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This is the first graphic novel I have ever read. I was excited to delve into what I have heard is an exciting combination of two things I love, art and the written word. I immediately ran into a few problems, the first being that I had difficulty transitioning from a text with only words to one which required both textual and visual reading for comprehension; the second, was that the illustrations were not exactly what I expected them to be. Although, I was not particularly fond of this particular graphic novel, I saw what might be points of interest to young adult readers in the text. Based upon this experience I would be both willing to read more graphic novels, and see what other works Gene Luen Yang has to offer.

When I think of the genre graphic novel, I imagine epic works such as The Watchmen by Alan Moore and Dave Gibbons or 300 by Frank Miller. I associate these texts with illustrations that appear to be almost moving off the page, they are captivating-they are cool. As I paged through Level Up, I read the words, as I usually do in a novel, and since nothing was drawing me to the pictures, I felt a compulsion to ignore them and keep reading the words. But, anyone familiar with graphic novels knows that to ignore the illustrations, is to miss out on part of the experience the graphic novel offers, which requires the reader, or viewer to take-in both the words and visuals. Was I missing something?

As I moved along through the book, I noticed the author spoke to his audience in a way that is unprecedented in a novel without illustrations. He wrote, “I know what you’re thinking, watching me go in to a place like this.” This statement caught me off guard and I found that I really liked it. What a clever idea, to imply that the reader is involved in watching a film strip rather than merely reading. Yang had done something completely different than anything I had ever seen before. Perhaps this is what people enjoy so much.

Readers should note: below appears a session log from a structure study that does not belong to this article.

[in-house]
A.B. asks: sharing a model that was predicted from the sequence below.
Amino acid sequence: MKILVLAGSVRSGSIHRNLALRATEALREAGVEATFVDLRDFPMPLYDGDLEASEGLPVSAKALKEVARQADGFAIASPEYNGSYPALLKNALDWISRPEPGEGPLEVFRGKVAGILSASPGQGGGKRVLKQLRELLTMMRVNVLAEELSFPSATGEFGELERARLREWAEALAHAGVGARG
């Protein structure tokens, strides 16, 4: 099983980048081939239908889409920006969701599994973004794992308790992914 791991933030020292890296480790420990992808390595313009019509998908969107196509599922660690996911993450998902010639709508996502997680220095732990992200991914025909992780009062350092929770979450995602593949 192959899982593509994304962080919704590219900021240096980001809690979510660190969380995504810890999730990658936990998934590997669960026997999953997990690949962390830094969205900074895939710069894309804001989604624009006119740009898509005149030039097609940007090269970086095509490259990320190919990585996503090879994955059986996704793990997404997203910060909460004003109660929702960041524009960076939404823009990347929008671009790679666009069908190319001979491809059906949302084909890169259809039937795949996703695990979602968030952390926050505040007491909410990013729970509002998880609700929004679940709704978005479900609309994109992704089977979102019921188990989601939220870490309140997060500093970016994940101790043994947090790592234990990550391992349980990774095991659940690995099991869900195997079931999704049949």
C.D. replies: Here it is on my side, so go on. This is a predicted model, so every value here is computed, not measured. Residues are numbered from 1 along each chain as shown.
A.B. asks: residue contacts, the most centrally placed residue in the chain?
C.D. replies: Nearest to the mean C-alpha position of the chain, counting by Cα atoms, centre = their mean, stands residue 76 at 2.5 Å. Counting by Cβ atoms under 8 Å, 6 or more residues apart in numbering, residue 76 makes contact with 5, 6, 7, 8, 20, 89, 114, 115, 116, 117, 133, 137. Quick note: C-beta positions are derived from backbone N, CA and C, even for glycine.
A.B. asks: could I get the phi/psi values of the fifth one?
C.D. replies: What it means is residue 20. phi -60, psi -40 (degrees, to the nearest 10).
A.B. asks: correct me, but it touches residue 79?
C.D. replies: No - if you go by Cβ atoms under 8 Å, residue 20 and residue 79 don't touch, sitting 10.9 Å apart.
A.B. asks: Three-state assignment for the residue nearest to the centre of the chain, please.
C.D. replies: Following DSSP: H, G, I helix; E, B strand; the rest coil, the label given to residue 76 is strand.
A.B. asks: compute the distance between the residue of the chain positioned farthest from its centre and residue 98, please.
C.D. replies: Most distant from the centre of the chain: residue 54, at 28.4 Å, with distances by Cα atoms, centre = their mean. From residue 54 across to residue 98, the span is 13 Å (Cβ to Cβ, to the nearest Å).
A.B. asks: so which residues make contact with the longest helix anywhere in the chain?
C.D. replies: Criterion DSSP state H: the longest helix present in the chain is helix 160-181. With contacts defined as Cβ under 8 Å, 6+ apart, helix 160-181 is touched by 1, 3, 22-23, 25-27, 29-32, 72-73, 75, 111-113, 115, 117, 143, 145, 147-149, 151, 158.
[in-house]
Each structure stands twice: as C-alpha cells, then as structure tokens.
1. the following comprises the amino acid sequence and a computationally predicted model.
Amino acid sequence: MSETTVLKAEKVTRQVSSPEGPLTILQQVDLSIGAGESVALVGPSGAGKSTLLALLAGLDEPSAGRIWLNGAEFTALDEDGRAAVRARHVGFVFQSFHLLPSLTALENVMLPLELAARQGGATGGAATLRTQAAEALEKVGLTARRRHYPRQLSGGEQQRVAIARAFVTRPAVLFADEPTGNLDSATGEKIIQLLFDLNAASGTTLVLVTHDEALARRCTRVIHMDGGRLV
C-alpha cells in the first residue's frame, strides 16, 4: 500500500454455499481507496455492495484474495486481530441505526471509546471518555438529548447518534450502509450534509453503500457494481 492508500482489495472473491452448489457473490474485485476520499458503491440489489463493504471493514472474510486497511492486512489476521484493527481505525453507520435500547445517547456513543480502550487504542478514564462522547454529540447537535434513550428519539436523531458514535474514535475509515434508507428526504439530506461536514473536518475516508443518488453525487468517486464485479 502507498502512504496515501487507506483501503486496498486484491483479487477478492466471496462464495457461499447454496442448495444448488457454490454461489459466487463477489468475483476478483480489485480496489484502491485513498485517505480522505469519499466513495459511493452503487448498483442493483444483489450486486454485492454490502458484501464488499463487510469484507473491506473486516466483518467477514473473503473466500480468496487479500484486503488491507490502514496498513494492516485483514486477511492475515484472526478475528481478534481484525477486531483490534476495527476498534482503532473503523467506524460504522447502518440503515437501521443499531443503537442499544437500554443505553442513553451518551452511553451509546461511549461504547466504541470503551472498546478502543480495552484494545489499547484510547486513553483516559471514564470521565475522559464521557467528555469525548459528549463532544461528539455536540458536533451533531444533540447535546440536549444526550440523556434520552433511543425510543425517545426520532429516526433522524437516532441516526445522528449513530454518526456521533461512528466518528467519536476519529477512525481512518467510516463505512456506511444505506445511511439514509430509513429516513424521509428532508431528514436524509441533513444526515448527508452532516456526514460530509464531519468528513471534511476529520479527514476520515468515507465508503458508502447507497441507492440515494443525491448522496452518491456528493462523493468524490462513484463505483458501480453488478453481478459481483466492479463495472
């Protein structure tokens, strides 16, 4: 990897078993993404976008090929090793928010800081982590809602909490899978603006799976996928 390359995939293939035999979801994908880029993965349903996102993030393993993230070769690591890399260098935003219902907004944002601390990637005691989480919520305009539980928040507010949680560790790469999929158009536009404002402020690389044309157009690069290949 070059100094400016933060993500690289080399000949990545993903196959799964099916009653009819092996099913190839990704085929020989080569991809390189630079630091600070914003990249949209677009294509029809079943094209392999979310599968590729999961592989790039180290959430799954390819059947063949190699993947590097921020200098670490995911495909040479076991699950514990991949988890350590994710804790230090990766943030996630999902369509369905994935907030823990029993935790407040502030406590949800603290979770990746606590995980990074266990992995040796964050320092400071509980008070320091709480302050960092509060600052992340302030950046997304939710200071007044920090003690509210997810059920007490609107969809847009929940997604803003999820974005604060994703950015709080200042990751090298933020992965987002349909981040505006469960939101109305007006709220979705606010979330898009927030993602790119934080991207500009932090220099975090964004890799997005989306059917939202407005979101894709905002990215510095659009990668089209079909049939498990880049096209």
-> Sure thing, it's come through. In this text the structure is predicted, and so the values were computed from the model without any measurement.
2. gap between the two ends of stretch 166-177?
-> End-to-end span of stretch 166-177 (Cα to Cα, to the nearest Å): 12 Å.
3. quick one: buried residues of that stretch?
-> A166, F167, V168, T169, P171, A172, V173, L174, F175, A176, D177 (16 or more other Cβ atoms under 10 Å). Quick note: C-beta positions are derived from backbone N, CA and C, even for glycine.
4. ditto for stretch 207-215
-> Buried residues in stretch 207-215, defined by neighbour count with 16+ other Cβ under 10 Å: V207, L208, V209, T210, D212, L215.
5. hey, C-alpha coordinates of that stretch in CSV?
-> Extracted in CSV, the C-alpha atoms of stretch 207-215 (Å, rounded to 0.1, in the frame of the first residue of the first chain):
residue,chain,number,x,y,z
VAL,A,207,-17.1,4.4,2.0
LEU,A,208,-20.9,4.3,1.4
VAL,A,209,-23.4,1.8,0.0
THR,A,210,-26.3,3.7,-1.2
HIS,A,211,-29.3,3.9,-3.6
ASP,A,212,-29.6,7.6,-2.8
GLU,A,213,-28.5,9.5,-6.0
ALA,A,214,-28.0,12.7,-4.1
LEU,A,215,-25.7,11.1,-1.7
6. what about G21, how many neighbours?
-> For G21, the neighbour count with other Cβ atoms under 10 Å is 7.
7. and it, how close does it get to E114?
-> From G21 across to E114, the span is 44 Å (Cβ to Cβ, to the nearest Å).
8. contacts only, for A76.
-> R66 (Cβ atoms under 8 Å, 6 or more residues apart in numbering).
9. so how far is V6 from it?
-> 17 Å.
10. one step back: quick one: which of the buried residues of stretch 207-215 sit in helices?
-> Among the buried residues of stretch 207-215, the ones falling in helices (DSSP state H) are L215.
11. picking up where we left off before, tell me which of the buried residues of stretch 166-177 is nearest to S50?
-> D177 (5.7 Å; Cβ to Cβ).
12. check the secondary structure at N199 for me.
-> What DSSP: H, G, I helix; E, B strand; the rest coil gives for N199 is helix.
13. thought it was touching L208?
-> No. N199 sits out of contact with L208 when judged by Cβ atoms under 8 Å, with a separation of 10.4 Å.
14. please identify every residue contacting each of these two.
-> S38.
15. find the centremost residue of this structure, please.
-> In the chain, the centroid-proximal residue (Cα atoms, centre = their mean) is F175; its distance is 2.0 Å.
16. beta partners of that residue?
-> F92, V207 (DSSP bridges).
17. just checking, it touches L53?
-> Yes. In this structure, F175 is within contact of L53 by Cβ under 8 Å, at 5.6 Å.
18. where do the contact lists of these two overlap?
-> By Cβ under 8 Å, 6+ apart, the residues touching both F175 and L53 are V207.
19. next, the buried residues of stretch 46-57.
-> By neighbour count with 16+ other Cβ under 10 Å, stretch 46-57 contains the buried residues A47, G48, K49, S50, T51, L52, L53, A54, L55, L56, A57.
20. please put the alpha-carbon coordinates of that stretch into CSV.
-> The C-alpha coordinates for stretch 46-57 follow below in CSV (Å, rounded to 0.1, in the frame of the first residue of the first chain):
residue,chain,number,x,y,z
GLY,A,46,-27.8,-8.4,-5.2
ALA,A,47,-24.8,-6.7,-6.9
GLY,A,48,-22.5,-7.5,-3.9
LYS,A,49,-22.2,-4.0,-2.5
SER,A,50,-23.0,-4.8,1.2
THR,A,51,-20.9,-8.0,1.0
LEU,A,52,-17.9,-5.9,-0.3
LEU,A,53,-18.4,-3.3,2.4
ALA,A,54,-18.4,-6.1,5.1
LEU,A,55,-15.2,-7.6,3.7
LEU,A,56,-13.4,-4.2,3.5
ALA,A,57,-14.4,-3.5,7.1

For an older person, I could now see the complexities alluring readers to take interest in the novel. But what about the younger readers? This wasn’t as difficult to deduce. The front cover of the novel looks like a Game Boy, and even I had one of those and worshipped it as a kid. The hook for young readers is a protagonist who never wants to grow up; he is a futuristic Peter Pan-like video-gamer. Throw in some angels who turn into ghosts of his father’s past promises and you have a book for adolescents. Still, I couldn’t help but wonder if teens might feel a bit hesitant about the serious issues lurking beneath the surface.

Would they figure out that despite the video game title and cover, this was a serious novel with less than stellar illustrations? The themes which included talking about the future, constant pressure from parents, and death and illness of parents, were pretty depressing. In all honesty, I am an adult and sometimes I prefer to avoid reading about or discussing these things. So, what about kids? Perhaps the pictures combined with text are enough to “trick” them into reading about these subjects. I would bet they would prefer to read about superheroes any day. I say as long as they are reading the material is unimportant.

In conclusion, I decided Yang’s chosen genre is a great way for those who may not like traditional texts to transition into the literary world.  While his book may not be flashy or vibrant as one might expect from a graphic novel, if a young person, or any person is willing to read it, Yang has most likely done his job.  It may not be a masterpiece, not every book can be. For the young reader, it is always based upon their interest in other books that greatest ones are discovered.

Final Rating: 2 out of 5 Stars

For more information:

Read Yang’s American Born Chinese:

2007 Michael L. Printz Award Winner

2007 Eisner Award Winner
Best Graphic Album – New

2006 National Book Award Nominee